35 Minutes of Asking Why

I sat down in Langsam trying to figure out what to write for this week’s article. It’s my comeback to Her Campus, so you might think that I knew what I wanted to write about, but I didn’t. I thought I could write about my tumor, or my TEDxUCincinnati experience, but I decided against it (I’m saving those for later, don’t worry). I thought I could write about student government and review the different slates for you, but by the time that this is posted, it will be too late.

And then I overheard a very passionate conversation in Langsam. The girl speaking looked familiar, but I couldn’t place her. I still can’t. What really caught my attention was that I heard her say something about how she spent “35 minutes asking why” regarding some project, and I was highly intrigued. It is so rare, that we ask ourselves “why” these days. Whether that’s the times or this day and age, or whether that’s just who we are as students, often it is hard to ask ourselves, “Why?” Why does this matter? What is the impact of this? We need to “why” ourselves through our struggles and attempt to find the light in them. These are all questions we need to ask ourselves.

For example, I know that in my organic chemistry lecture the only “why” I am ever asking is “Why should I care about this?” or “Why does this have to be one of my required courses?” or “Why can’t I just pass this class and be over with it?”

These days, especially these past two weeks, have been hard. For everyone. Perhaps it’s because we are in the heat of seemingly EVERYTHING, from midterms to papers to lab reports,  that we lose sight of the end goal. Where do you see yourself in 10 years? What about in 20 years? Are you doing the things you need to be doing in order to get there? What are you doing today to help you get there?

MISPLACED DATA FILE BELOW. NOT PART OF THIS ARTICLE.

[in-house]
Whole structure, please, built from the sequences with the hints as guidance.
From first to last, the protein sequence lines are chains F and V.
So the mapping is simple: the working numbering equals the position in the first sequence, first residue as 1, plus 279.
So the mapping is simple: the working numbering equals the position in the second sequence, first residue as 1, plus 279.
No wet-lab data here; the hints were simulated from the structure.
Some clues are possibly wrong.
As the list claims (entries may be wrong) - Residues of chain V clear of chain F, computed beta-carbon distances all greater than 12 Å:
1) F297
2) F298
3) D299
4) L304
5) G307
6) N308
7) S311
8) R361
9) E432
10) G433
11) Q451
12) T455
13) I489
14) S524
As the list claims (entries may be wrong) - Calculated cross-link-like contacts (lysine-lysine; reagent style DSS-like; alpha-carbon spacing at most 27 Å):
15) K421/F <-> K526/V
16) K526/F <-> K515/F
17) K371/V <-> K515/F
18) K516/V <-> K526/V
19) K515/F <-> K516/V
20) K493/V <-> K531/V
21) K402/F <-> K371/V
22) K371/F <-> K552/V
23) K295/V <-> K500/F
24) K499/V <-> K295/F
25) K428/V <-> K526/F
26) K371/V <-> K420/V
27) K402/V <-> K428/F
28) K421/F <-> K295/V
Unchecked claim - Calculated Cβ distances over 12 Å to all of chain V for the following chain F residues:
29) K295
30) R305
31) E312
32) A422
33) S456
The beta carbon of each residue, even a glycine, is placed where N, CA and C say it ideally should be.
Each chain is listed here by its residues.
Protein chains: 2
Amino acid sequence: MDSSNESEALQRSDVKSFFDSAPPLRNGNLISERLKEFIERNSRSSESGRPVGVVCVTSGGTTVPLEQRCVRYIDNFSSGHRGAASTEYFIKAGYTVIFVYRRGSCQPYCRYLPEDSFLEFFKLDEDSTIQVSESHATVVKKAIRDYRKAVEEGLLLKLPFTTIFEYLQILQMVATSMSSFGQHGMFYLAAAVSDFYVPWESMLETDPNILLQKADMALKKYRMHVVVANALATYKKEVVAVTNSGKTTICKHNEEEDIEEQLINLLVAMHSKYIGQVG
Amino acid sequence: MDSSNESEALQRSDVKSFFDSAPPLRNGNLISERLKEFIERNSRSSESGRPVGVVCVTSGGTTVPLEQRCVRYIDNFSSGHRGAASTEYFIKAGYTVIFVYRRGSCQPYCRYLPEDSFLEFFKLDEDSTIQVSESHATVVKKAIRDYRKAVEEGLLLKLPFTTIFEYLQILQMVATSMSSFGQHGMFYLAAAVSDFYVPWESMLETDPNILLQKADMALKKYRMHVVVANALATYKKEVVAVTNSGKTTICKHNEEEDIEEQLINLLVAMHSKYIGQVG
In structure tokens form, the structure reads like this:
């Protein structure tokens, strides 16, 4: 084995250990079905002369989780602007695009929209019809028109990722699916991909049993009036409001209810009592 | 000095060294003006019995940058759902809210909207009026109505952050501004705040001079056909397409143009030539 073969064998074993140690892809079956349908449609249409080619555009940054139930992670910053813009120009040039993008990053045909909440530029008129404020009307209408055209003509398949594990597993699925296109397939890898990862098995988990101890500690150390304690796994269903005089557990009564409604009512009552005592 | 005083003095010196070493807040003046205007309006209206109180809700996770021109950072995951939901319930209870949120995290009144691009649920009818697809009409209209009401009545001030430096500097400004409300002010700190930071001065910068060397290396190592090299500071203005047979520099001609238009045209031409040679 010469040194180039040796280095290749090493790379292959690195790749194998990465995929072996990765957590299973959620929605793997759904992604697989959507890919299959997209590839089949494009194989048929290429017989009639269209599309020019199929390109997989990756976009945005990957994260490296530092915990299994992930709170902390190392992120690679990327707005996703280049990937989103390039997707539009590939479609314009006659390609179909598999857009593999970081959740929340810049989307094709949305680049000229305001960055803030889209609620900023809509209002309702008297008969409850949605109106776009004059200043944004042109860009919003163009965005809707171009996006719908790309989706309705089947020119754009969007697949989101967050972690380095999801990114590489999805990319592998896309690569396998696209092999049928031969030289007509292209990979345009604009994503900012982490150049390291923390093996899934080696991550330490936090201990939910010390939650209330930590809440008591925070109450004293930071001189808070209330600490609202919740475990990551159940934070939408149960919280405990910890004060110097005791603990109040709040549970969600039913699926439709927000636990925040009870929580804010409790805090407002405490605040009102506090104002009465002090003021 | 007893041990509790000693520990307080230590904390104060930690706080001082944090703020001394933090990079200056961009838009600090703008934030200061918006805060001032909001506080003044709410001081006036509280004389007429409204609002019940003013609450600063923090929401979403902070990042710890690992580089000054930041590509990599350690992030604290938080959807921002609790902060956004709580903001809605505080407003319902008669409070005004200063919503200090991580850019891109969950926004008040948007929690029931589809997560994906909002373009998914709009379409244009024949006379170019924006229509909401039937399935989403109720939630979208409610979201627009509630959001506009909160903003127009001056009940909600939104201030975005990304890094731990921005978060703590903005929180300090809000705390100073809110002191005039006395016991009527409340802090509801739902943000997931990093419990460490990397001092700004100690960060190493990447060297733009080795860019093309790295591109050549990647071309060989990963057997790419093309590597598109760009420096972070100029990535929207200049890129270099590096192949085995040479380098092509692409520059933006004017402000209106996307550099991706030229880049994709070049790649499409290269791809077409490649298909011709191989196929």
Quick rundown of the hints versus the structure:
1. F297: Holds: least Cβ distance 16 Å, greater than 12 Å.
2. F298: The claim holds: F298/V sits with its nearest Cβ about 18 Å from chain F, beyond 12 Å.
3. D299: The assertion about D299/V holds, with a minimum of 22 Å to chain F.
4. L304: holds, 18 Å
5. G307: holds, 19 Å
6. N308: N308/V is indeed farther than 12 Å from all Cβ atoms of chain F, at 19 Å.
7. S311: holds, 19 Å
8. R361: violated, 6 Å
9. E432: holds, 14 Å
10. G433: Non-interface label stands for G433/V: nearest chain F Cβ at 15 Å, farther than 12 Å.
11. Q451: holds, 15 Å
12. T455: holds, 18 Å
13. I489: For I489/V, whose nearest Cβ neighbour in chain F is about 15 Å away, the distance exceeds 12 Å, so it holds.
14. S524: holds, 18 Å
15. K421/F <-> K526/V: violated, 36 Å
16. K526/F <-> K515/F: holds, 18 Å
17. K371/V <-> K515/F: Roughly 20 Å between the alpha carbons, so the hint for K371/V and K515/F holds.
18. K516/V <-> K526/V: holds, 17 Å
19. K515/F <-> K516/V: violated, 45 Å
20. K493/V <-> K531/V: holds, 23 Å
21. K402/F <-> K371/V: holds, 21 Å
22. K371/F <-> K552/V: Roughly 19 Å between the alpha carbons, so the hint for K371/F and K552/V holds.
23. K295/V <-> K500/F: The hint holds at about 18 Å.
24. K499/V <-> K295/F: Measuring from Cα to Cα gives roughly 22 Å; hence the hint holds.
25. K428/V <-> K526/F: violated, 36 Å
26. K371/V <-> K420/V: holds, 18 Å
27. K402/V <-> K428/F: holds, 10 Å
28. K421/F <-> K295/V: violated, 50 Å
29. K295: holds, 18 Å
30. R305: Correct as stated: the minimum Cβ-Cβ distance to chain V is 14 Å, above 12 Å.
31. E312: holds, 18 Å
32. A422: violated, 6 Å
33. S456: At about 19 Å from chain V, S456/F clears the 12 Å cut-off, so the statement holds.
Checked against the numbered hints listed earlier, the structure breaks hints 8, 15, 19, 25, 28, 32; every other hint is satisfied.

These are questions I have begun asking myself on the roughest of days. Now, I’ll walk you through my own experience:

Where do you see yourself in 10 years? I see myself in a post-doctoral research fellowship position, working hard on projects in a scientific research lab.

What about in 20? In 20 years, I will have children. I see myself sitting at a desk, reviewing a scientific manuscript, and editing it for the journal that I work for.

What are you doing today to help you get there? Today, I went to the lab and I continued to work on my project. I read a few papers to keep up with the ever-evolving scientific literature.

I would like to think that I am doing the things that I need to be doing in order to get there.

Some days just seem so mundane, I know. We might ask, what’s the point of going on with our lives and goals? and it can be extremely hard to keep moving, but we must. It is harder to see the bigger picture some days and I think those are the days we need to ask ourselves “What is the impact of this?”

Because if we can see that bigger impact, then we can achieve our dreams.

 

 

 

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